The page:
Green shoots appear in regional NSW housing market

by AB21 Oct 2013

Owner-occupiers and investors are leading the charge for entry-level housing in regional New South Wales, according to real estate group Raine & Horne, with the possibility of price growth of up to 15% by April, 2014.

“It appears the news of robust price growth in Sydney is starting to impact regional real estate markets, with local buyers vying with growth- and yield-hungry investors for affordable real estate,” says Angus Raine, executive chairman and CEO of Raine & Horne.

However, Raine says property owners are still waiting for more evidence that the price growth achieved in Sydney will translate to their region.

“[They] appear cautious about jumping the gun early, and conceivably missing the opportunity to realise potentially bullish short-term capital growth.”

With prices predicted to surge, Adam Porteous, principal of Raine & Horne Batemans Bay, says shrewd buyers and investors are eager to acquire entry-level property on the NSW south coast.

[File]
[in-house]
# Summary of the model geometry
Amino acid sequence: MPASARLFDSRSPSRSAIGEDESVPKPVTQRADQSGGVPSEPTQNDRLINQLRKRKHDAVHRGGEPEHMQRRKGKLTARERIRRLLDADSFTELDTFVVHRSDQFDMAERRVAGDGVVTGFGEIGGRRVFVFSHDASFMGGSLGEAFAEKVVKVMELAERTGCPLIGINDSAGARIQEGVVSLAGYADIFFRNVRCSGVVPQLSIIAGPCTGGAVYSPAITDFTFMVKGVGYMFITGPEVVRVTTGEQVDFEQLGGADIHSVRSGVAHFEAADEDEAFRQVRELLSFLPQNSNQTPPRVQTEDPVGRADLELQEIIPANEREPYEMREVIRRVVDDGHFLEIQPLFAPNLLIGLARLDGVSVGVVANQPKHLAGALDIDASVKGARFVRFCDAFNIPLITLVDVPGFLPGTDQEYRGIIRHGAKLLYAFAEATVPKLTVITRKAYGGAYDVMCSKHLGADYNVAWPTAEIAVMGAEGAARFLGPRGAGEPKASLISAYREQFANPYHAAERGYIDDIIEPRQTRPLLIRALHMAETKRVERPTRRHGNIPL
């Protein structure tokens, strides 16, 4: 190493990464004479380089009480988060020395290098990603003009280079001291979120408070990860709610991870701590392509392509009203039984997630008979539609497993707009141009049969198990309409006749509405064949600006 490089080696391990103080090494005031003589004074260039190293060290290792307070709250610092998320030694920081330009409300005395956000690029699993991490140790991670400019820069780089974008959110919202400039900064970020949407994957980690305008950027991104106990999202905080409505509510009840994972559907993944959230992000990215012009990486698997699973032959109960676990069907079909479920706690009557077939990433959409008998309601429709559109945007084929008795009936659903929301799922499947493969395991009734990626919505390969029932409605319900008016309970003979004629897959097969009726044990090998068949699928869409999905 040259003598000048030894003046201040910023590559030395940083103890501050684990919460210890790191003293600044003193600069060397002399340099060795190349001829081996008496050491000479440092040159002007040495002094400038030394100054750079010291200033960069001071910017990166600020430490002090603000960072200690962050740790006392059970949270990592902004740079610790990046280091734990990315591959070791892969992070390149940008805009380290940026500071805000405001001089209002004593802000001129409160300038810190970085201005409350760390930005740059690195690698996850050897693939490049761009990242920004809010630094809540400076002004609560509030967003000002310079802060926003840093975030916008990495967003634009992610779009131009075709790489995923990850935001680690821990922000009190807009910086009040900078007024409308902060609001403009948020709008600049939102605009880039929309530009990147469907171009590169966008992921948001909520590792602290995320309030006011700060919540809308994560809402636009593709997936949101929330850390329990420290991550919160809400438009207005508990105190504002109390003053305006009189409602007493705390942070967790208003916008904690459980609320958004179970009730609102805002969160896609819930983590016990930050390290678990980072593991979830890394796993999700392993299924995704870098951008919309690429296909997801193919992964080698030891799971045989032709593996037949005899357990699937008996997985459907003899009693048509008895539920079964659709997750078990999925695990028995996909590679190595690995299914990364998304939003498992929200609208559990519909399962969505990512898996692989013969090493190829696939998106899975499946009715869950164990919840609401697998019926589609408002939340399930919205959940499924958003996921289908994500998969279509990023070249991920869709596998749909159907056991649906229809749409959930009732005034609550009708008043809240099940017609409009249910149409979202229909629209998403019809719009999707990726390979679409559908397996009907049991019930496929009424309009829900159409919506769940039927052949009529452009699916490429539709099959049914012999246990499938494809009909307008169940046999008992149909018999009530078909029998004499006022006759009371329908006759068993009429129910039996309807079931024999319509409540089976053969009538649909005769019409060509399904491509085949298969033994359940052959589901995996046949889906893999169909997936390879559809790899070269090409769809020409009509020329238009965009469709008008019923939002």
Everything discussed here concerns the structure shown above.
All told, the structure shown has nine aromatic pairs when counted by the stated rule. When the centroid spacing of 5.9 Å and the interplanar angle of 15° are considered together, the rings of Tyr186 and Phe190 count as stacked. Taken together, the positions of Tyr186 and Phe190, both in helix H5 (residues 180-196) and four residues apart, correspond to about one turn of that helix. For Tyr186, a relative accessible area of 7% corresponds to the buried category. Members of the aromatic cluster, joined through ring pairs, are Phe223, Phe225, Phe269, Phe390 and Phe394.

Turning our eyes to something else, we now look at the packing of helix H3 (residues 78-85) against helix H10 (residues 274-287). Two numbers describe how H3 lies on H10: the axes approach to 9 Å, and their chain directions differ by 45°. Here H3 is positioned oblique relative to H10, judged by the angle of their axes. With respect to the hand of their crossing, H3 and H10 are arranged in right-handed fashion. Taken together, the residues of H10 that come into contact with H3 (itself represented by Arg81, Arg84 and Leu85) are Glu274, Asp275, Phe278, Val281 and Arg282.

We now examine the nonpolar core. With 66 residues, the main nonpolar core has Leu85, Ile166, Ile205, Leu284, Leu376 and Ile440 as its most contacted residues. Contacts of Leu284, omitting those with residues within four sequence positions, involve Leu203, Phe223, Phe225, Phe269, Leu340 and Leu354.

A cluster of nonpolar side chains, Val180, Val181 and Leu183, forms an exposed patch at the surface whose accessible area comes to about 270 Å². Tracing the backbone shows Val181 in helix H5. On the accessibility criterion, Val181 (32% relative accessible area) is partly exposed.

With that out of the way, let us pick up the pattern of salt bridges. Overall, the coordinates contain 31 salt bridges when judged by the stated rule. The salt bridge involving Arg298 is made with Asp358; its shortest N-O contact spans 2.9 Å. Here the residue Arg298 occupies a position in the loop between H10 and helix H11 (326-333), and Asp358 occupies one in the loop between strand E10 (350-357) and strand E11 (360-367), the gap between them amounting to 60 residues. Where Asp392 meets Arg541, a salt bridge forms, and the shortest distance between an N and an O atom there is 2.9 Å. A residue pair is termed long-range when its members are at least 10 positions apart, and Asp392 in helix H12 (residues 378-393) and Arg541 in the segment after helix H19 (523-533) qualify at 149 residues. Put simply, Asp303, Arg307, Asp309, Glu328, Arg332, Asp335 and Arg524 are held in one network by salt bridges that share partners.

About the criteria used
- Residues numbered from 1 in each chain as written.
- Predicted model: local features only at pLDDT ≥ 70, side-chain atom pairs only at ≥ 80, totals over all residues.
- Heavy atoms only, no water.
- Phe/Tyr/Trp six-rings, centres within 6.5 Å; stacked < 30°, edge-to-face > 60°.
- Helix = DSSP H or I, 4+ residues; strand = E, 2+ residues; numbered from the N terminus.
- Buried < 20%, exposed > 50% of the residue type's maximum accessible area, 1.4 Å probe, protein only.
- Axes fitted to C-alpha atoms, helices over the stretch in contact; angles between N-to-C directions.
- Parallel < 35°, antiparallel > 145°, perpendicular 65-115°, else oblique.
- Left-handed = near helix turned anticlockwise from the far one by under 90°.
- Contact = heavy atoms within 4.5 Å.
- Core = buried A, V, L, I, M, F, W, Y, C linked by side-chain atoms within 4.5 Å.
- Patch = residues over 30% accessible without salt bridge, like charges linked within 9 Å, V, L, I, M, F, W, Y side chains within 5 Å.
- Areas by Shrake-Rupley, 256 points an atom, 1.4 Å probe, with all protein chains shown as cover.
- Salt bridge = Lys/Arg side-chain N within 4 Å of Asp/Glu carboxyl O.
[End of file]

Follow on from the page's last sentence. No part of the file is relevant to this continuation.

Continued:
“Entry-level homes in Batemans Bay are always on the menu for owner-occupiers, investors and those looking for holiday homes – although we’ve also recorded some sales of homes valued between $900,000 and $1 million in the past few months,” he says.

Porteous confirms that listings in the Batemans Bay region are down by as much as 40%, as homeowners wait for more evidence of capital growth, particularly as prices have been flat in Batemans Bay since the GFC.

“People are reading about the market spurt in Sydney but haven’t yet made the decision that it’s translated to Batemans Bay.

In the state’s Snowy Mountains region, Don Menchin, principal of Raine & Horne Cooma, confirms that entry-level and middle range homes are in hot demand.

“For example, last weekend we sold a four-bedroom, tri-level home at 31 Tulong Avenue, Cooma, for $400,000 following the first open home. That said, the majority of buyer enquiry is for homes priced between $170,000 and $340,000.”

Buyer demand for entry level property in Cooma is 20% stronger than the same time last year, according to Menchin, while listings are down by about 25%.

“The combination of cheap real estate, lower interest rates and growing consumer confidence is driving up buyer demand for affordable housing in Cooma,” he says.

“Sharply rising rents are also making home ownership a more sensible proposition for tenants, which is creating additional demand pressures.”

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